- text book reader: options to provide a bridge, pupils can useÂ them & teachers see the benefits
- technical challenges: mesh network & translating all the documents from textbooks to virtual
- teacher training (pedagogical & technical)
- plan for integration
- more communication to parents & community
- adjusting focus on secondary students
- government shifted their approach from authoritatian to a more collaborative one
- partnership requires transparency, expectations, communication
- there are unanticipated outcomes
reflection on own projects
- bring in self reflection
- do we asses the impact of what we’re doing?
- are beneficiaries engaged in decision making processes?
- what methods are used?
- are we conscious of power & aspiration in our projects?
- do we see ICT as our tool and development our objective?
difference between children and teachers?
- children were more willing to learn
what did children actually learn?
- main thing: how to take photographs, how to play tunes
development of Akili? in Etheopia?
- was developed in Switzerland
was there anybody responsible for translating the textbooks?
- large team of people
why secondary education rather than teachers?
- because of the volume of students – the sums involved
trying to connect to academics – you chose to work for a top-down orgaization, what could we have done better to make you work with a bottom up organization?
- there are many projects I wanted like to work with, rationale was to engage with a large scale project to better assess impact
Nkeiru Joe – International Law department, Virije University Brussel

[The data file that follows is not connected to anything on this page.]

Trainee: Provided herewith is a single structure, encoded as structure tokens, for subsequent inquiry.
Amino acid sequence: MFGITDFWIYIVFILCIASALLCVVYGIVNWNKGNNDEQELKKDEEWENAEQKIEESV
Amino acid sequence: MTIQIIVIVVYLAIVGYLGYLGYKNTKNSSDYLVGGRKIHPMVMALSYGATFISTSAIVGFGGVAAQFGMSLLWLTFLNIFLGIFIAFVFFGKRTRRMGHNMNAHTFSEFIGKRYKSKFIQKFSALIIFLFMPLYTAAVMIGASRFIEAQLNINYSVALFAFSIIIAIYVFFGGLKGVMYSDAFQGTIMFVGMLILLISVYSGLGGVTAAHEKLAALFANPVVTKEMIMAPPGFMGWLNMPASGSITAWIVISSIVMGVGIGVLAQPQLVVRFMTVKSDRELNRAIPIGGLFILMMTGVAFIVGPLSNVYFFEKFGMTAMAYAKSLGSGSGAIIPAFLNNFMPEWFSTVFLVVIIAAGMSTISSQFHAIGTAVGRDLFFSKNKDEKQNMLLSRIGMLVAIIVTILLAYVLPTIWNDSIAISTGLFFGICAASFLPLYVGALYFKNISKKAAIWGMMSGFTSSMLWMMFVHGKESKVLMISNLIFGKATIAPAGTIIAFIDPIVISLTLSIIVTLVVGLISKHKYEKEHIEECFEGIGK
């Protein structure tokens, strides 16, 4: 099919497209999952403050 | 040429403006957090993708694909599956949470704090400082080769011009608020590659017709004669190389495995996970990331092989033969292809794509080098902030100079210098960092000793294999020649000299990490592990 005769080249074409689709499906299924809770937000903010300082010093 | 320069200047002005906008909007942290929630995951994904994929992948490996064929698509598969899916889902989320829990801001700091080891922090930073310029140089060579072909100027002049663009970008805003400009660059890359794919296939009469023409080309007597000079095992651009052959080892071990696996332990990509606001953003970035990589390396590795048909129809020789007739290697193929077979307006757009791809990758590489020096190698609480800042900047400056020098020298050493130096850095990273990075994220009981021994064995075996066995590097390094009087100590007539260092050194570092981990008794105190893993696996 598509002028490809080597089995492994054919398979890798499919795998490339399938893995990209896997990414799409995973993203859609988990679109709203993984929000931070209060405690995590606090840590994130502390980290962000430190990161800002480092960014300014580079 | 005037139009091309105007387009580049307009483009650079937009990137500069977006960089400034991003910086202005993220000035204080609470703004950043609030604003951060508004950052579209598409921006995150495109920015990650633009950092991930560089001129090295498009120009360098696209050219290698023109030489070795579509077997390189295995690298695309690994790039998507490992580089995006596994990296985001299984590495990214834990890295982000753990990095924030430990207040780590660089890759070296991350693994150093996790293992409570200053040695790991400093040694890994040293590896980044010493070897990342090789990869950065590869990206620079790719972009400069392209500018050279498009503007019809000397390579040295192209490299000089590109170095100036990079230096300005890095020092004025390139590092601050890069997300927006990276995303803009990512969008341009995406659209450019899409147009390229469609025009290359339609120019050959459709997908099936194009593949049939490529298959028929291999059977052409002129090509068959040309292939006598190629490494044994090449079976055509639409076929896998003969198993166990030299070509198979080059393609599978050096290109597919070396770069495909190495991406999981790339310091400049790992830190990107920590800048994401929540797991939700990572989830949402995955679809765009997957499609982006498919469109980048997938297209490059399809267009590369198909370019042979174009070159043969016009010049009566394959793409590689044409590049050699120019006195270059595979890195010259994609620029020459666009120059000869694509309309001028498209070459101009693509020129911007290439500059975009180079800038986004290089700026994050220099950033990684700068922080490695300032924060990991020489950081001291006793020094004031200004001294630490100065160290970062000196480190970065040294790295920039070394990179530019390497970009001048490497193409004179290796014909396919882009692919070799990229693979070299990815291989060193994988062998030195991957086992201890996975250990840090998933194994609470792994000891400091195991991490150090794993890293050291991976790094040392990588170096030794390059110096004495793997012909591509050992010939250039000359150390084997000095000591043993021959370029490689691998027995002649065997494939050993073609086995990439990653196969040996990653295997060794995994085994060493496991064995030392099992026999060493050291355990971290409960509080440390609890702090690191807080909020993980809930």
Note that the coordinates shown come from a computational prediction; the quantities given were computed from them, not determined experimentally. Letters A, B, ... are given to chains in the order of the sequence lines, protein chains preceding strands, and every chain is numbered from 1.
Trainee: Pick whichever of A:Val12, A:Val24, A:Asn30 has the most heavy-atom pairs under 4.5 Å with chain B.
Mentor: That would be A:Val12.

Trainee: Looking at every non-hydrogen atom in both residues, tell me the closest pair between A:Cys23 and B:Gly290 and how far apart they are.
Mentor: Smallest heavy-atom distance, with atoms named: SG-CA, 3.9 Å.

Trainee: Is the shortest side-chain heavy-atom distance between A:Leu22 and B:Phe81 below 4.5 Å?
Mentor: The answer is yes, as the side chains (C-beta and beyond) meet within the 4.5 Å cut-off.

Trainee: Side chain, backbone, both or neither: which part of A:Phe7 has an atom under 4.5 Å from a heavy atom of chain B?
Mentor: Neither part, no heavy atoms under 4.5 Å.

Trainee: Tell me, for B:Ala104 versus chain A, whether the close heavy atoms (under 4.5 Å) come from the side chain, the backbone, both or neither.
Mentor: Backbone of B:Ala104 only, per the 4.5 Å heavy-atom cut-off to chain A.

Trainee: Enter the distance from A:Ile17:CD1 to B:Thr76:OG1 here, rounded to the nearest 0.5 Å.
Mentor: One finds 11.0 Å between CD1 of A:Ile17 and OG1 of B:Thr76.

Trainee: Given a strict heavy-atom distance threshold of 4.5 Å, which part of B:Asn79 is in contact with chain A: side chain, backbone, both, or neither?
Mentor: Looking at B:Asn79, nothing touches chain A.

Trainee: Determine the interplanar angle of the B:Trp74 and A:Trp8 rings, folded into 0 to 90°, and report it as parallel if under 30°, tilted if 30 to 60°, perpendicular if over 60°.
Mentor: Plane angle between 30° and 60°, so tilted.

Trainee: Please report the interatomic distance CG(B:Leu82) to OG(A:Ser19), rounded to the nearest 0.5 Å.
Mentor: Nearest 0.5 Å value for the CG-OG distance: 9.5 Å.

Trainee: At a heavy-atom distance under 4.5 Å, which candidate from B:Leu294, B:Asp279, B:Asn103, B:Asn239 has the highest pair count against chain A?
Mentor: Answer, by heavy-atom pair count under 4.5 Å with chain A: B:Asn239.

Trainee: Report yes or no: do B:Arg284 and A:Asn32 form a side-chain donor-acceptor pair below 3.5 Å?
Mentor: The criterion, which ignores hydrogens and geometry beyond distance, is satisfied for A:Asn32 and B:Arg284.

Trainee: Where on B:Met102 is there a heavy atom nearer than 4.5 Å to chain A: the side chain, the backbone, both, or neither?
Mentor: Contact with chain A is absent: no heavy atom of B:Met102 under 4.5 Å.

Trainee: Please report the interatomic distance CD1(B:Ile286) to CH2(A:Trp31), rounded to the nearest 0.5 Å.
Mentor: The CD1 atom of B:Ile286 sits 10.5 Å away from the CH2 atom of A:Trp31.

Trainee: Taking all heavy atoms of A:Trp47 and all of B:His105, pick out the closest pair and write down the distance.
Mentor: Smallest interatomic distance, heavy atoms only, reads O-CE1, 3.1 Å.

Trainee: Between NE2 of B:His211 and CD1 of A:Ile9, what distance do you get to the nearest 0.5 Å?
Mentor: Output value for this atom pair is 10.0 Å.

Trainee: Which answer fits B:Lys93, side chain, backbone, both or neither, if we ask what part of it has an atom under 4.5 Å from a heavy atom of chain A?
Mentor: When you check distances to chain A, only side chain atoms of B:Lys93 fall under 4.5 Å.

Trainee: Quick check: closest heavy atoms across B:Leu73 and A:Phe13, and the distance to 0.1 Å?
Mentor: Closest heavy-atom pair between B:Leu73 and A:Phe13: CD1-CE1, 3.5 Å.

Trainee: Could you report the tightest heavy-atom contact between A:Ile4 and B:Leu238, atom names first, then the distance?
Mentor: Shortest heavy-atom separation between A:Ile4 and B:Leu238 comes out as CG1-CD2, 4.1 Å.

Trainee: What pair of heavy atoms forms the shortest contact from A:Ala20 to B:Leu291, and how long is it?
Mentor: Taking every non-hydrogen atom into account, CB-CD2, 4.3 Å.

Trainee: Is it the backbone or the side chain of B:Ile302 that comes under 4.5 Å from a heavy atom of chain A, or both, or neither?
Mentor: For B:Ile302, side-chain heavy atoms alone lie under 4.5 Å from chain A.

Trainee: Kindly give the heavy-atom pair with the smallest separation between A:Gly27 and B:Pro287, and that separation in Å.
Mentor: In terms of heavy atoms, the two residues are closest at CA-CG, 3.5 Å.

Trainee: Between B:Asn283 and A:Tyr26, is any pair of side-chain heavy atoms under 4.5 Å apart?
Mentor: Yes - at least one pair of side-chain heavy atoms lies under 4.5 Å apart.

Staying connected to Africa: an ecosystem approach as a response to the “solutions temptation”
Law, Africa & development – international law can achieve linkage
There are myriad problems when looking at international law
Solutions temptations – always going for the simplest solutions
Connecting everybody to technology – is it really great?
Submarine cabels provide Africa with big amounts of information – the issues connecting the cabels (connecting Africa with other areas) cannot be addressed within the continent alone
Has to be addressed by international law – there need to be standards in place
Who is liable for damage of the cables? Who protects the cables? A system in international law has to be put in place
UN-convention is in place – there has to be influence influence to hold the parties accountable
Norms and law can create the framework to include everyone in ICT4D
Why solutions need law?
- There need to be capable agencies in place
- Solutions can only come from within – local people have to be incorporated
- International law = “watchful parents”
without addressing issues structurally = digging deep, sustainable solutions can’t be found
Q & A:
are landlocked states also addressed by the law of sea?
- yes, they are
landlocked – geographically disadvanteged states – is there any pressure on coast states to share infrastructure with these states?
- yes, e.g. Zimbabwe can lay a cable to the sea through any country as long as they are not causing any damage
An article today in the online edition of a major Swedish newspaper, DN.se, tells about young Rwandan’s internet behaviours (in Swedish only). Rwanda has so far delivered 5.000 OLPC (One Laptop Per Child) units to kids, and plan to ship no less than 50.000 more units this year alone. The government has set up an ambitious IT plan for the country, which is to provide internet connection to all schools for older children, in most schools for younger children and all state offices by the year 2020.
The article goes on to say that Kigali, the capital of Rwanda, is one of the best cities in Africa to get internet access with decent speed everywhere around, especially in cafÃ©s. Apparently the airport in Kigali has the best, free wi-fi connection available, and the article features four kids sitting outside the airport, googling on their OLPC’s for hours after pictures of their action heroes Jean-Claude van Damme and Bruce Lee.
(Photo by Anna Koblanck)